USGS leads STAC report on water clarity changes over the past 30 years in Chesapeake Bay

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Water clarity is widely recognized as an important indicator of the health and trophic state of aquatic ecosystems and is a key management target given the limit it imposes on the growth of submerged aquatic vegetation (SAV).

It is also plays a significant role in aesthetic human judgments of the suitability of water bodies for recreational use. A better understanding of the controls on water clarity variability expand our understanding of SAV trends, while providing new insights into the interactions between eutrophication, sediment inputs, and the concentrations and composition of suspended solids.

The USGS lead a multi-institution STAC workshop to synthesize the current state of the science on water clarity trends and the factors that affect them, and to identify priorities for future research. The synthesis was structured to address an explicit set of questions posed by the Chesapeake Bay Program in the original STAC workshop proposal. This format ensured prioritization of research gaps that align with managers’ needs.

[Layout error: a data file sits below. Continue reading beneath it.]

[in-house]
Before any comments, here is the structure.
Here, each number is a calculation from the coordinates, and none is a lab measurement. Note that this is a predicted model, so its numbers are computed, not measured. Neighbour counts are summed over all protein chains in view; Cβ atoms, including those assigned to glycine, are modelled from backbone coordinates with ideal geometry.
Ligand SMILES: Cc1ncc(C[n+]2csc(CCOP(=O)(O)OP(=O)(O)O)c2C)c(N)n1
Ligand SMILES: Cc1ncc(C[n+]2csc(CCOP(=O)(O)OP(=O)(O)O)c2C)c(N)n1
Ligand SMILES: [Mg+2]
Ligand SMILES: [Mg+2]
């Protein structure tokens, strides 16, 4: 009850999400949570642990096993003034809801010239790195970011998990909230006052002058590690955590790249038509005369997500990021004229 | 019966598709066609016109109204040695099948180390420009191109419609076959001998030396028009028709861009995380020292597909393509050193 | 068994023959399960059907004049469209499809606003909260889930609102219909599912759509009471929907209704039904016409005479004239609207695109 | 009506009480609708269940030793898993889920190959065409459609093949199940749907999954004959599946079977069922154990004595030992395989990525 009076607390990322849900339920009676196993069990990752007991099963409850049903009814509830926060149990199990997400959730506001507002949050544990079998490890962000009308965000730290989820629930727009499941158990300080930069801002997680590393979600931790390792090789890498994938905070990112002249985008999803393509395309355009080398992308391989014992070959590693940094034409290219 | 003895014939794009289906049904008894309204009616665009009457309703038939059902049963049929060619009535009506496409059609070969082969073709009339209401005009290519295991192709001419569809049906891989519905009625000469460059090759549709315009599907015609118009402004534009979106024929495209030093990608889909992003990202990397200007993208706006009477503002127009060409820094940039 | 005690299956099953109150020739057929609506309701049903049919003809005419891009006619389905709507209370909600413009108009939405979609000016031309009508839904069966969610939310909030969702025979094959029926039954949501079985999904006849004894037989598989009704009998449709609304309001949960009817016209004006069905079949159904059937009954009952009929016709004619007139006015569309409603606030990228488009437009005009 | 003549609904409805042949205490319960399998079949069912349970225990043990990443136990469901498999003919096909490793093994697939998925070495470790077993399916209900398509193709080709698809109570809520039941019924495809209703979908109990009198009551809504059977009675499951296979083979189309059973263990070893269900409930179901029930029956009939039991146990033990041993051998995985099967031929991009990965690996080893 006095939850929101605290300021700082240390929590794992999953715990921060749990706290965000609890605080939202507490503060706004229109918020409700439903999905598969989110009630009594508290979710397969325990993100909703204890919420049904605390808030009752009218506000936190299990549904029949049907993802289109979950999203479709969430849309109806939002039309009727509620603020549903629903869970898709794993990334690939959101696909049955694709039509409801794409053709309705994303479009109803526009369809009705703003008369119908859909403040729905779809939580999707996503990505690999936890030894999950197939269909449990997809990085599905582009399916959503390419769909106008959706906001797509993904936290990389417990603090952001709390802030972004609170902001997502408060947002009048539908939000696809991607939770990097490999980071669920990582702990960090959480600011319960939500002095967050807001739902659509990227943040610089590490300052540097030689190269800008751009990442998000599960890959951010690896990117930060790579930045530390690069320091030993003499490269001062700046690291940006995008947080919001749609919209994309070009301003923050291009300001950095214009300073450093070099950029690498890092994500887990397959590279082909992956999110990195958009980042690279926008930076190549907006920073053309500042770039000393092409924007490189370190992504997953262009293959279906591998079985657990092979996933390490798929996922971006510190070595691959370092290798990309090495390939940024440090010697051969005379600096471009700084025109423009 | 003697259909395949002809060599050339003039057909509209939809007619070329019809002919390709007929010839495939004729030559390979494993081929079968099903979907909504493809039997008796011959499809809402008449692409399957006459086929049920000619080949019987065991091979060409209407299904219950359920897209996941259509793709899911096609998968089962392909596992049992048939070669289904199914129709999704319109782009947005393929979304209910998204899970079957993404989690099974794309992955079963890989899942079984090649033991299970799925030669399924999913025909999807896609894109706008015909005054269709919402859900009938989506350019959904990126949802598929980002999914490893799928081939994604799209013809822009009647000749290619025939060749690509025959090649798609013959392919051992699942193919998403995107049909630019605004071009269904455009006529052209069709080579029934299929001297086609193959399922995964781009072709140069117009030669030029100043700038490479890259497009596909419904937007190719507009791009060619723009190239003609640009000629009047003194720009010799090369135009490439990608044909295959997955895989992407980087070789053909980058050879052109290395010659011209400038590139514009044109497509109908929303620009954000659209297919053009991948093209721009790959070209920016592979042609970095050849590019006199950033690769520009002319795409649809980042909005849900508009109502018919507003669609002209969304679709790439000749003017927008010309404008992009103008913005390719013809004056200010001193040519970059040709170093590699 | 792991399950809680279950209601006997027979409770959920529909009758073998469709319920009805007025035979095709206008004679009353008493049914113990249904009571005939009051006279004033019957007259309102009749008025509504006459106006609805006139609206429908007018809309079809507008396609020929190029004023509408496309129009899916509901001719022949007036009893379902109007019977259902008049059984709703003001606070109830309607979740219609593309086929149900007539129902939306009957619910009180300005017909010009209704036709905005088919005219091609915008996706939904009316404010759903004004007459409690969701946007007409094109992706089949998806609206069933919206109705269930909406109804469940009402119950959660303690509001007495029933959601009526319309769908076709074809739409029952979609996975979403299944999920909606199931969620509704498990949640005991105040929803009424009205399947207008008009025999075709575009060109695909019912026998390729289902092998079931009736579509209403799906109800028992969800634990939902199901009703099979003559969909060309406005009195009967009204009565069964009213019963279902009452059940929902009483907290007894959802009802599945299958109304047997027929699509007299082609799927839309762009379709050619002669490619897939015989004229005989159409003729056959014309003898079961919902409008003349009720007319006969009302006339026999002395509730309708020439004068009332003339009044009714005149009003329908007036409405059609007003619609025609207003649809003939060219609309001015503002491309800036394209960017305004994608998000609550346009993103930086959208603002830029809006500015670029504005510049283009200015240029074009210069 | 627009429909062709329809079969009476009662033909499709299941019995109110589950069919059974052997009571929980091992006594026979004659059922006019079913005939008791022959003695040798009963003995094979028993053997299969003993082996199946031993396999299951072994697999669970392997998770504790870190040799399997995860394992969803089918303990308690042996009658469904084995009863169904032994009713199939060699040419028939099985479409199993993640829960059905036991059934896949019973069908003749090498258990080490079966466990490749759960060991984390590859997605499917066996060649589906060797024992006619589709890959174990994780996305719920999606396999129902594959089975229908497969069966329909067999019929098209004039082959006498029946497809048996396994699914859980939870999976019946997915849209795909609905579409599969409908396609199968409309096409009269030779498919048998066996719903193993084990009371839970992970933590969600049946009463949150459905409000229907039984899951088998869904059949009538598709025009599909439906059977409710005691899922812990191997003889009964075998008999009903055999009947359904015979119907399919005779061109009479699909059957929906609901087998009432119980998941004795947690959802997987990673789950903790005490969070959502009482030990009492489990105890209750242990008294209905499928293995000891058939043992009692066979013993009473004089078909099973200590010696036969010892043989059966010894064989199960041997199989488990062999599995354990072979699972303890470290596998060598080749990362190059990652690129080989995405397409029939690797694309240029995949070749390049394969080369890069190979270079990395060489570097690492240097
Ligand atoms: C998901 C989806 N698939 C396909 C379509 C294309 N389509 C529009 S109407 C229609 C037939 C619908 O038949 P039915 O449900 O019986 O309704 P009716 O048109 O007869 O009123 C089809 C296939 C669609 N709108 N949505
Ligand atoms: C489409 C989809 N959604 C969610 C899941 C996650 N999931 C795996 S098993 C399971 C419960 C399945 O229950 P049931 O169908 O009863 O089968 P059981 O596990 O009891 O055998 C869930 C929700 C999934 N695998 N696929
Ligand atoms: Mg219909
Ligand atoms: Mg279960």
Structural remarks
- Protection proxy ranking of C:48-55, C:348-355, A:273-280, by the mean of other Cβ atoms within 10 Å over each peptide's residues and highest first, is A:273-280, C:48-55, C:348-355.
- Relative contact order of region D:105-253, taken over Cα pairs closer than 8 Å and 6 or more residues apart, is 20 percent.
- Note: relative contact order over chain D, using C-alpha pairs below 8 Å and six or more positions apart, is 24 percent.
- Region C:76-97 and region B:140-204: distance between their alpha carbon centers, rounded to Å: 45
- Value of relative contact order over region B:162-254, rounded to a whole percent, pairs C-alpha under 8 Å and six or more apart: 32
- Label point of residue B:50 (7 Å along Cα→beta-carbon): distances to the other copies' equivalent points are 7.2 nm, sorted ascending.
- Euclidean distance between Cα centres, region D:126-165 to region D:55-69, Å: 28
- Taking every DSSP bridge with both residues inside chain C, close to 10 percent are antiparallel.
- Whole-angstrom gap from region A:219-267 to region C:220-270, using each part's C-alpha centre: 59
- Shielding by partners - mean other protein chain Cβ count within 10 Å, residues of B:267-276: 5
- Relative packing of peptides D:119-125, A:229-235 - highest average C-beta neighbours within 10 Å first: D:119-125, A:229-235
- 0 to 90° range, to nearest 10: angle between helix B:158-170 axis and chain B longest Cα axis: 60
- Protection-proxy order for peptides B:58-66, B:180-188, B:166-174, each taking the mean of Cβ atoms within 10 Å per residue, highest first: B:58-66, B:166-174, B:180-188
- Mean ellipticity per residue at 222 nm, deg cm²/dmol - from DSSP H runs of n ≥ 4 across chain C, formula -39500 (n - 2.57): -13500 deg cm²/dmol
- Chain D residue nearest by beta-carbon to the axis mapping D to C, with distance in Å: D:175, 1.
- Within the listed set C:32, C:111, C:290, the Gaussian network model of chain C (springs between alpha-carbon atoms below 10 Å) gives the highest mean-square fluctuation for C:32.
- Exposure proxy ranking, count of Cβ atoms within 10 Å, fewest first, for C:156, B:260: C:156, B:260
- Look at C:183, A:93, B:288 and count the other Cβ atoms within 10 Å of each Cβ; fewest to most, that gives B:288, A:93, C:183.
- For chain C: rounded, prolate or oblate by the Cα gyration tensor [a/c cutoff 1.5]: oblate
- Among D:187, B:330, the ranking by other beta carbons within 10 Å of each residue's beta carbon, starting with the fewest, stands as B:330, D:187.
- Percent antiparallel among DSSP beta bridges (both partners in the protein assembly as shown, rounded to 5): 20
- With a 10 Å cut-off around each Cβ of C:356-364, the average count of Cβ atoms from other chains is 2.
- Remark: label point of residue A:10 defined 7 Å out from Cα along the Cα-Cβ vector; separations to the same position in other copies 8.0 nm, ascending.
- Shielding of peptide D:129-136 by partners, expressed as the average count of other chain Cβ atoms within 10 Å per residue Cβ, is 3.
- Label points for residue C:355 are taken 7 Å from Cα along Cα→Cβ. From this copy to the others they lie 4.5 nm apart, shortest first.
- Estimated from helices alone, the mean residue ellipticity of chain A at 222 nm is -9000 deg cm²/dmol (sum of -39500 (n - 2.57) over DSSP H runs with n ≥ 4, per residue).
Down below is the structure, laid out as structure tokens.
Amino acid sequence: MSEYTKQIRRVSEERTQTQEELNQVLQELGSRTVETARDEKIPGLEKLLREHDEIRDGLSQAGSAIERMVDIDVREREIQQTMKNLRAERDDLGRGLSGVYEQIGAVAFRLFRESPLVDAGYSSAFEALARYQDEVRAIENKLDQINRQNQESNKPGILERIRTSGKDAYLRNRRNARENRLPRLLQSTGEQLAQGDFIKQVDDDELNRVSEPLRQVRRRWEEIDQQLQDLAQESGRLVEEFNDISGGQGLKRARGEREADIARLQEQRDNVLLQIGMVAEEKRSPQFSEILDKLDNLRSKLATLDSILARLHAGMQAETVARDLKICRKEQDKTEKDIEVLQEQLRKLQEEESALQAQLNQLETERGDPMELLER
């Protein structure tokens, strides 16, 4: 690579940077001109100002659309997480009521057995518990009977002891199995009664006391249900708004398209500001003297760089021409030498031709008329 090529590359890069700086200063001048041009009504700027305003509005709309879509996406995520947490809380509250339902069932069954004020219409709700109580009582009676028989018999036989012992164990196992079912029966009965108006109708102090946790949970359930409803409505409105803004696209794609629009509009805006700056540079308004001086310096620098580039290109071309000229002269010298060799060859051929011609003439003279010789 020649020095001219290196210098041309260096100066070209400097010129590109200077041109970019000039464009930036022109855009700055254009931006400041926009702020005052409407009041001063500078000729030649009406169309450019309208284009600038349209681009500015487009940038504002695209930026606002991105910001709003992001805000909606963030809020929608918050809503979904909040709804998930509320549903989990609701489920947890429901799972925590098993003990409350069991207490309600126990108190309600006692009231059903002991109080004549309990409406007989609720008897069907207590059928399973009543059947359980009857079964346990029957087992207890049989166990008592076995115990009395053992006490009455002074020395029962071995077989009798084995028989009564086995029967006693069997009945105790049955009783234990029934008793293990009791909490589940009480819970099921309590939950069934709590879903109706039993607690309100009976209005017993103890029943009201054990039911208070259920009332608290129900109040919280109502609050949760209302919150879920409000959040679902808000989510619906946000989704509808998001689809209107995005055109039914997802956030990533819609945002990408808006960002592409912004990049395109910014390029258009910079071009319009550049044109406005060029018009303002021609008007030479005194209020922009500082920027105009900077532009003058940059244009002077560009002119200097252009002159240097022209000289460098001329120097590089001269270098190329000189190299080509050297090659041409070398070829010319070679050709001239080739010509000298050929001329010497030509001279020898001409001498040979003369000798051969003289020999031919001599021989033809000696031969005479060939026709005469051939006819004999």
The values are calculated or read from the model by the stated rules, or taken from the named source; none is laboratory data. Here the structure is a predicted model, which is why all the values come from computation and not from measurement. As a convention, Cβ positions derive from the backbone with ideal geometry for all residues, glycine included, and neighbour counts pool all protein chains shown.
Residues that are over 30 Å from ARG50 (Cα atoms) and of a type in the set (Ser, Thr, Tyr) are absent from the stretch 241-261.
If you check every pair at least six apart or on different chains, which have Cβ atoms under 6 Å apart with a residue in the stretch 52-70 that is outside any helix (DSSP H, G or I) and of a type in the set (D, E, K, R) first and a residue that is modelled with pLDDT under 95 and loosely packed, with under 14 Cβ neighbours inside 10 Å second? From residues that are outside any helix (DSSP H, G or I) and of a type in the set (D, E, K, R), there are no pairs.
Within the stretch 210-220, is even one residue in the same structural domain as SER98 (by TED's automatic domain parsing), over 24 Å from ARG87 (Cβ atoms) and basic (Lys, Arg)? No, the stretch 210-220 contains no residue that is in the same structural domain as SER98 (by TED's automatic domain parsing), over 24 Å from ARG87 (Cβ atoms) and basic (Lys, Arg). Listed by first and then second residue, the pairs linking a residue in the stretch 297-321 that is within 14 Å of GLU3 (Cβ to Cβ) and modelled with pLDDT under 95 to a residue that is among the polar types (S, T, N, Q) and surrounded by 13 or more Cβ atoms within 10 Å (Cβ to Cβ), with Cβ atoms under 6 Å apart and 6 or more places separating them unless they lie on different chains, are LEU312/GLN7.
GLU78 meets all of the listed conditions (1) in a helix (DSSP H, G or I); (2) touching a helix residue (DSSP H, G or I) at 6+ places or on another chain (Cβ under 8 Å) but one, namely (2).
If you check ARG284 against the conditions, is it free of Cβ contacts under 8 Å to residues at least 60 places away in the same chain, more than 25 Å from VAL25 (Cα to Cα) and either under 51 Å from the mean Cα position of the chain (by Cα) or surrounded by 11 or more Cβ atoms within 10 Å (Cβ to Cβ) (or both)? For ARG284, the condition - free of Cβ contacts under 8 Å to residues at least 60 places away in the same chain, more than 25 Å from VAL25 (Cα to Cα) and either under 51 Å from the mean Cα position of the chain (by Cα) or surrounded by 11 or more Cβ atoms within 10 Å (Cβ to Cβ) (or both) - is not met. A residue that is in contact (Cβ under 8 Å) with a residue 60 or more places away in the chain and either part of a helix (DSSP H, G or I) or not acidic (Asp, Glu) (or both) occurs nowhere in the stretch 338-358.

The findings are available in the STAC workshop report “Understanding and Explaining 30 Years of Water Clarity Trends in the Chesapeake Bay’s Tidal Waters” by  Keisman, J., C. Friedrichs, R. Batiuk, J. Blomquist, J. Cornwell, C. Gallegos, S. Lyubchich, K. Moore, R. Murphy, R. Orth, L. Sanford, P. Tango, J. Testa, M. Trice, and Q. Zhang. 2019. STAC Publication Number 19-004, Edgewater, MD. (25 pages).

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